MPTAC review. Revised title and criteria to remove references to surgical resection. Removed requirements 1) 3 or less lesions to be treated and 2) 6 months have elapsed prior to repeat procedure under locally ablative techniques statement. Removed requirements 1) 3 or few encapsulated nodules and each nodule is less than or equal to 5 centimeters 2) no evidence of severe renal function 3) no evidence or portal vein impairment under arterially directed techniques to treat unresectable primary hepatocellular carcinoma statement. Revised criteria no evidence of extrahepatic metastases to no or minimal extrahepatic metastases under arterially directed and locally ablative techniques to treat unresectable primary hepatocellular carcinoma statement. Added MN indication for SIRT/TARE as a treatment of liver only metastasis from uveal (ocular) melanoma. Added MN indication for SIRT/TARE as a treatment of colorectal cancer when criteria are met. Removed requirement of no evidence of severe renal function impairment from bridge to liver transplantation criteria. Added note to arterially directed therapies medically necessary statement referring to NMN types of TACE therapy. Revised NMN statements. Reformatted all locally ablative and arterially directed technique criteria. Updated Description, Discussion and References section. Updated Coding section, reformatted and removed codes 47120, 47122, 47125, 47130 & associated ICD-10-PCS codes for excision no longer addressed; added ICD-10-PCS code 04L33DZ.

Reviewed

02/16/2023

MPTAC review. Revised Description, Discussion and References sections.

Reviewed

02/17/2022

MPTAC review. Updated Discussion and References sections.

Revised

11/11/2021

MPTAC review. Revised the clinical indications to add a not medically necessary statement for histotripsy. Updated Description, Discussion and References sections. Updated Coding section with 01/01/2022 CPT changes; added 0686T.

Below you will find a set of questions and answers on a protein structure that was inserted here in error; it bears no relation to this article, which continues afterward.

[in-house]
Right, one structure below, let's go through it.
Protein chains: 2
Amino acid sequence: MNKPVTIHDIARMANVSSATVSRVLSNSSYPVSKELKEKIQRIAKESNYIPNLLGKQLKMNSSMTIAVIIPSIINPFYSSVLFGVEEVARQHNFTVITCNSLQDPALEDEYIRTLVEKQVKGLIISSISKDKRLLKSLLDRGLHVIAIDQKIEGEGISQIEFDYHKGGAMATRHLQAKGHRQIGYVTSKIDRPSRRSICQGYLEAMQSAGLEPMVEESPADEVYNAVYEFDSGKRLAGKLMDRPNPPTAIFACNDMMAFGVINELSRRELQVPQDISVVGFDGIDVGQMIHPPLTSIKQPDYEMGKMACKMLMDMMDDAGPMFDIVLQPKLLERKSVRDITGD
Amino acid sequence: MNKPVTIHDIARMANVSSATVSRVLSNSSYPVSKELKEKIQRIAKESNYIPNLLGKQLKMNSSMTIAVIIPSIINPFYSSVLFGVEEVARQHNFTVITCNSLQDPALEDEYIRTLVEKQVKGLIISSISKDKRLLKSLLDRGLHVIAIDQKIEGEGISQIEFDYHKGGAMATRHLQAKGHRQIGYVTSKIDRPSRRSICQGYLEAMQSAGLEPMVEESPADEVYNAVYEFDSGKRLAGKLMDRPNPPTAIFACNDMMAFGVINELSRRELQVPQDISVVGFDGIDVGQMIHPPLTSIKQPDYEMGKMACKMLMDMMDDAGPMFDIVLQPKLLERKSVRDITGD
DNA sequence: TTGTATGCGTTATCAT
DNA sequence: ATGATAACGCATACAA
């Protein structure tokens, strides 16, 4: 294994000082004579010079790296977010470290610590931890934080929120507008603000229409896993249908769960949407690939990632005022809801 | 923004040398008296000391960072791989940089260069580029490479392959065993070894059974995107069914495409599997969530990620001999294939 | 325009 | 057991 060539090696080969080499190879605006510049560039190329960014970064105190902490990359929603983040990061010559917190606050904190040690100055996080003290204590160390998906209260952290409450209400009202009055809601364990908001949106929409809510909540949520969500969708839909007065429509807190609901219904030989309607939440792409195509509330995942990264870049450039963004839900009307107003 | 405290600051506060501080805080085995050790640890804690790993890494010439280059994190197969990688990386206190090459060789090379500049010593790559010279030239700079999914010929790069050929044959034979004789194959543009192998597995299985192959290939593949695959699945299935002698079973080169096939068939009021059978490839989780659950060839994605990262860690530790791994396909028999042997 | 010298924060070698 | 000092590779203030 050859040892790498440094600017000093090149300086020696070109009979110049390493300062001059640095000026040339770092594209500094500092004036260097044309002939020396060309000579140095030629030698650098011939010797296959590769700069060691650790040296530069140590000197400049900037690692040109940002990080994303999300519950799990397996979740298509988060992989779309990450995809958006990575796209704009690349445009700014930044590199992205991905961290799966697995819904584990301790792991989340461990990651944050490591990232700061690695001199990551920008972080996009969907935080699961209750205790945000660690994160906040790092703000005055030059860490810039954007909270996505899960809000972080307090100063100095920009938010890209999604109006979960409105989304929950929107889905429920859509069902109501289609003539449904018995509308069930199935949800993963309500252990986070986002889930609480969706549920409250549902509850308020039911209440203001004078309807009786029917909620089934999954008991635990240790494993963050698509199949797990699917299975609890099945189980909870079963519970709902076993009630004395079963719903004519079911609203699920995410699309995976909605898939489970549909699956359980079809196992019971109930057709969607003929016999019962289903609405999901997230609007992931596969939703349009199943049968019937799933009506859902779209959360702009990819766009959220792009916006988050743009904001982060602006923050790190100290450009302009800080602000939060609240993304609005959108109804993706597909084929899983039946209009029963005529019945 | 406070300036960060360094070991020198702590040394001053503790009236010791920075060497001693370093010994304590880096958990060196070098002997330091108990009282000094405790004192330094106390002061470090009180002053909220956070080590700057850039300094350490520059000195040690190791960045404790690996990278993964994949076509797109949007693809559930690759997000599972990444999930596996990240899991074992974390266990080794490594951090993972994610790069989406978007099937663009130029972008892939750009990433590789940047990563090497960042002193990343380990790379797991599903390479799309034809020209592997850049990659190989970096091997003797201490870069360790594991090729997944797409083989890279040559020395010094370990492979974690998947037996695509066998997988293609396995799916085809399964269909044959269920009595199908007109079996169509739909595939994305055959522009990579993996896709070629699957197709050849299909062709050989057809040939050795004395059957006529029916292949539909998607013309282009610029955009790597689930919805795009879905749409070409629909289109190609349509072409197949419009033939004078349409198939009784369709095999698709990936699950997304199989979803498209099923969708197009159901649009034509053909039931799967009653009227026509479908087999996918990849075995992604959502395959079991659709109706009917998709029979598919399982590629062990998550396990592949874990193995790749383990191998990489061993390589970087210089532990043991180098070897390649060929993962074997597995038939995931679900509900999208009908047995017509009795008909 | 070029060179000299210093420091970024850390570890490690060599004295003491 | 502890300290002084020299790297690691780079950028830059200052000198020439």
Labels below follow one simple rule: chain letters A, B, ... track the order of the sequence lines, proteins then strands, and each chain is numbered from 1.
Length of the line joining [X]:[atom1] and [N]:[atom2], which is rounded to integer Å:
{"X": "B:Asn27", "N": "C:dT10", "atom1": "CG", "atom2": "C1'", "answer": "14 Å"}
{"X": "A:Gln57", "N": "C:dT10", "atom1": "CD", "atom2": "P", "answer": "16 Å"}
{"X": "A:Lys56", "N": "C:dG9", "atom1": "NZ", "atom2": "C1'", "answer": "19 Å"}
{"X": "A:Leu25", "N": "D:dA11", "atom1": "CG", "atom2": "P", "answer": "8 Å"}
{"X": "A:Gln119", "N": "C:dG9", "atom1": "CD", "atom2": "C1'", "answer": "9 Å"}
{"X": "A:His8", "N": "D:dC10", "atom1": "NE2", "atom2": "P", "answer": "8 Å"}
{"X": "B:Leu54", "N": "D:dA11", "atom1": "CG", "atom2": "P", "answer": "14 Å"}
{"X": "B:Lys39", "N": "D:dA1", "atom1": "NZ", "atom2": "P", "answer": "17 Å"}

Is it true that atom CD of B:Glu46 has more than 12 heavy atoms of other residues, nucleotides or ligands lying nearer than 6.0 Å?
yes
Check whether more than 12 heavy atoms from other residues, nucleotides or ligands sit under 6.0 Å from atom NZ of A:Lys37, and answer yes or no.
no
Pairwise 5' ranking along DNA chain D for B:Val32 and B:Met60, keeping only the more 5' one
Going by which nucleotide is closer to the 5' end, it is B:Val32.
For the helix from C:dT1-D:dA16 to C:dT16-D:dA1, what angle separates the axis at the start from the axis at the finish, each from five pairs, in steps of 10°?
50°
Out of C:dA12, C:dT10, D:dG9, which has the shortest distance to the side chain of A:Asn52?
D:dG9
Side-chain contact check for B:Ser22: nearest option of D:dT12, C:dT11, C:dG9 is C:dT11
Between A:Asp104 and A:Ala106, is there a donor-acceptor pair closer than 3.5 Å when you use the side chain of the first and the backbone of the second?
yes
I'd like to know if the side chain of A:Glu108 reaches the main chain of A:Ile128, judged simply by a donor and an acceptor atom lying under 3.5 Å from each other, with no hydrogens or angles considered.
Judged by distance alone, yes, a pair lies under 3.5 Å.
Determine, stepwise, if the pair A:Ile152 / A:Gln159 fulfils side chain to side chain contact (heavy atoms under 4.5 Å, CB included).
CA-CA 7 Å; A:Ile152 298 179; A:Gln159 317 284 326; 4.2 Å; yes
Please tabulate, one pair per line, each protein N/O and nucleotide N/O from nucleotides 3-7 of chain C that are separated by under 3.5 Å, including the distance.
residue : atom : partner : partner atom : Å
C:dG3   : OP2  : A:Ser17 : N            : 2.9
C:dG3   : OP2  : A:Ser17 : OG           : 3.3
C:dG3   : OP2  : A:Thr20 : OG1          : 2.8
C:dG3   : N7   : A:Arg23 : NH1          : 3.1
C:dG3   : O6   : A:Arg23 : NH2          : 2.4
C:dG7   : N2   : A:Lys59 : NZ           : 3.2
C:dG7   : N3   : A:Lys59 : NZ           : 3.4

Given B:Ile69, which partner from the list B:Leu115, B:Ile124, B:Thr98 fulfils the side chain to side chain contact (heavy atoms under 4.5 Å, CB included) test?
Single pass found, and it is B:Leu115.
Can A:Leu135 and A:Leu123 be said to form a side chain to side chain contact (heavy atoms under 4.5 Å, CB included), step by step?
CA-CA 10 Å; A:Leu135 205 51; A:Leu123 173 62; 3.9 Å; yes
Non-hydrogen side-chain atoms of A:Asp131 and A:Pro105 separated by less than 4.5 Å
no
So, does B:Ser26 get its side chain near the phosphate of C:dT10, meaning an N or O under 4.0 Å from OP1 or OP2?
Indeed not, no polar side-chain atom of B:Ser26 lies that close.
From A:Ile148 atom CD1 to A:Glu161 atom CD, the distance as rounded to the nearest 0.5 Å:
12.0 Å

Revised

02/11/2021

MPTAC review. Revised not medically necessary for all liver related indications position statement to include immunoembolization. Revised Description, Discussion, Definitions and References sections. Reformatted and updated Coding section.

Revised

02/20/2020

MPTAC review. Revised term SIRT to SIRT/TARE within all clinical indications statements. Reordered clinical indications statements without change in intents. Revised Description, Discussion, Definitions and References sections.

Revised

08/22/2019

MPTAC review. Moved content of CG-SURG-80 Transcatheter Arterial Chemoembolization (TACE) and Transcatheter Arterial Embolization (TAE) for Treating Primary or Metastatic Liver Tumors and CG-THER-RAD-04 Selective Internal Radiation Therapy (SIRT) of Primary or Metastatic Liver Tumors into document. Revised title from Locally Ablative Techniques for Treating Primary and Metastatic Liver Malignancies to Locoregional and Surgical Techniques for Treating Primary and Metastatic Liver Malignancies. Added Percutaneous Ethanol Injection (PEI) and Radiofrequency Ablation (RFA) as medically necessary procedures in those who may become eligible for liver transplantation. Updated Description, Discussion, References, Websites for Additional Information and Index sections.

Reviewed

03/21/2019

MPTAC review.

Reviewed

03/20/2019

Hematology/Oncology Subcommittee review. Updated Discussion and References sections.

New

05/03/2018

MPTAC review.

New

05/02/2018

Hematology/Oncology Subcommittee review. Initial document development. Moved content of SURG.00065 Locally Ablative Techniques for Treating Primary and Metastatic Liver Malignancies to new clinical utilization management guideline document with the same title.